Trauma 101

NASWNH Chapter 0 28

Rebecca Day, LICSW

This workshop has been approved for 2 formal CEUs by NASW VT. Approval #1033

This training is meant for new clinician or case managers who want to gain a better understanding of trauma and its impacts on the mind and body. The goal is to provide basic knowledge of trauma, systems of trauma, the ACE study, and how to respond in a more trauma sensitive way



 Define trauma and why it is important to learn about trauma

 Describe events that individuals may experience as traumatic

 Describe how individuals might experience effects of trauma throughout life

 Discuss the findings of the ACE study and the long-term impacts of trauma on the body

 Describe ways in which community agencies and organizations may re-traumatize the people they are intended to serve

 Describe the impacts of toxic stress and identify the underlying causes of behavioral responses

 Recognize the importance of trauma-informed practices.


Trauma-Responsive Approaches for Mental Health Professionals

NASWNH Chapter 0 32

In this workshop participants will move beyond a general understanding of trauma and basic trauma-informed model to a more trauma-responsive, resilient approach.


Participants will be able to :

§ Describe the impacts of toxic stress and identify the underlying causes of

behavioral responses

§ Practice elevating the dialogue around trauma to shift the perspective away

from a reactive approach to a responsive approach when working with highly

traumatized individuals

§ Discuss how your clients’ physical responses are ingrained in how they react to

and perceive the world

§ Describe emotional regulation techniques for clinicians/case managers to teach


§ Explore resiliency and discuss ways to build client empowerment and coping strategies

What REALLY Helps in a Helping Relationship: Critical Thinking About Helping, Healing and Persuasion

NASWNH Chapter 0 36

Four (4) Clinical CEUs approved by NASW VT

Please note this workshop May 4th and May 11th. You must attend both sessions for CEUs.

Helping relationships are constructed of many disparate elements, some obvious and some more subtle and hidden. To be truly helpful to our clients social workers need to be aware of the full spectrum of helping elements that support (or sometimes hinder) our helping skills.

This two-part program will examine the generic and sometimes hidden components of a successful helping relationship. In the first session we will examine what social workers can learn about helping from healers and shamans in other cultures, and discuss the ways that we can implement these universal approaches in our work. We will consider the work of Jerome Frank, E. Fuller Torrey, and Viktor Frankl in this section, but will focus on genuinely practical approaches to improving our capacity to be helpful to our clients.

In the second session we will discuss how to use the skills of critical thinking in our work, to effectively evaluate and choose treatment techniques, make effective and accurate treatment plans, and evaluate treatment resources and programs. As a counterpoint to this we will also look at some famous treatment approaches of the past that have been proven to be ineffective, fraudulent or even harmful when examined through a critical thinking lens. We’ll also briefly examine the infamous “Dr. Fox Lecture”, and the story of the psychologist who was able to obtain extensive professional credentials for his cat.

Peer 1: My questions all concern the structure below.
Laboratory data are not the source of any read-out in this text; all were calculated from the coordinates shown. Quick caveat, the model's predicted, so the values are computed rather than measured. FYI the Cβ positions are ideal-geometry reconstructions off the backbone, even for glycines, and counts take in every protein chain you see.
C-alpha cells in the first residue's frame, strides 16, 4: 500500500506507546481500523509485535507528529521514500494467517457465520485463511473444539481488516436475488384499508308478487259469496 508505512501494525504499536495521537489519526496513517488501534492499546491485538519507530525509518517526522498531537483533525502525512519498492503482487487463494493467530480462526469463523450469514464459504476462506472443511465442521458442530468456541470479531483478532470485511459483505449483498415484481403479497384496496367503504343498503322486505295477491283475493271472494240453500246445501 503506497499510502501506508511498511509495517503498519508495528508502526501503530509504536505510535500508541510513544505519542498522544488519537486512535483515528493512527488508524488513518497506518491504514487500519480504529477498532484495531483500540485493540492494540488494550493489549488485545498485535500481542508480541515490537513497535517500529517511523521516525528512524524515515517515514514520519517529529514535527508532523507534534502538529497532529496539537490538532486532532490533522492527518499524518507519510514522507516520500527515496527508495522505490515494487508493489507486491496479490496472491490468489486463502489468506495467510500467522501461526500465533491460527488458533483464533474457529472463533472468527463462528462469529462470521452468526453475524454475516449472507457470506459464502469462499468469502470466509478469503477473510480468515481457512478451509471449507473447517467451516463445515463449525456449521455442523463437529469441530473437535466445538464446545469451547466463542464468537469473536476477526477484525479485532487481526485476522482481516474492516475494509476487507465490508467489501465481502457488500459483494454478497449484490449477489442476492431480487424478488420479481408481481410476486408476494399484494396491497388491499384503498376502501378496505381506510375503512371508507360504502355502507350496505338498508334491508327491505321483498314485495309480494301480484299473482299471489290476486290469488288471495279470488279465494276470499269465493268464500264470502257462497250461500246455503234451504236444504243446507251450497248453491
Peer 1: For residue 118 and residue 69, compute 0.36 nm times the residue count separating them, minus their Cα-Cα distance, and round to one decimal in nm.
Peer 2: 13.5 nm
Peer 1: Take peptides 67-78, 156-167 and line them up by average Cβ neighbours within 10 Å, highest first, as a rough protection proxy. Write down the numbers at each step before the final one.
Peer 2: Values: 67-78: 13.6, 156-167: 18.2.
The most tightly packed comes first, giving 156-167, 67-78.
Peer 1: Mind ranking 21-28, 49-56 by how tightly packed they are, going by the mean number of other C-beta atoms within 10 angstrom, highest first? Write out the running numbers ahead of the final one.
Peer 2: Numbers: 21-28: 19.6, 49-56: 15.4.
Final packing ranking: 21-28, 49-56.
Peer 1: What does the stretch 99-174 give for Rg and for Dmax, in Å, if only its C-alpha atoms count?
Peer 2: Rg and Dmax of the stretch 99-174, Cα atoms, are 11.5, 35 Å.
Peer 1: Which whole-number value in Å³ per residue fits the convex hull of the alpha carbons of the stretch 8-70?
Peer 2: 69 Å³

In addition to brief didactic presentations in both of the sessions we will also use case studies as a particularly effective learning tool. Although we’ll touch very briefly on statistical analysis this program will not dwell on statistics, and we will devote most of our time to discussion, case examples, and case studies.

The Transformational Force of Metaphor and Intuition: Eliciting Agency, Self-efficacy, and Strength

NASWNH Chapter 0 27

When we go about the business of helping clients increase self-efficacy, agency and strength, often the focus touches on how things go wrong rather than on what can go right. In this didactic and experiential workshop, we will explore the way metaphor (simile and allegory) embedded in the client’s story, and “mini-intuitions derived from the social worker’s inner wisdom, become transformational forces for enhancing psychosocial outcomes in three significant therapeutic dimensions.

1.) Restructuring of negative cognitions.

2.) Transforming painful emotions and maladaptive perspectives (especially those derived from trauma) into resources for coping.

3.) Integrating dissociated cognitive strengths and behavioral skills.

Attendees will be introduced to a novel way of intuitively eliciting and purposefully using key pieces of the client’s story to create extended metaphors that can anchor positive cognitions and bring about new meaning.

We will also discuss the way utilization of intuition and metaphor enhances the differential use of self and can be used with traditional evidence-based modalities.

Social Work Practice with Transgender and Gender Diverse Youth


NASWNH Chapter 0 35

Brandy Brown, LCSW

2 Clinical CEs approved by NASW Maine - .5 of these CEs are obtained by watching a video prior to the workshop

There is an acute need for social workers to have clinical competency working with transgender and gender diverse youth. Family acceptance and mental health disparities can pose clear challenges to your client. Brandy will review updated MIYHS Data, identify ways to overcome challenges and barriers to service, and ways to advocate. The brief webinar participants are asked to review prior to the workshop will provide background knowledge and a foundation around language/ terminology. The workshop will take us beyond the "101" onto the next level of work.


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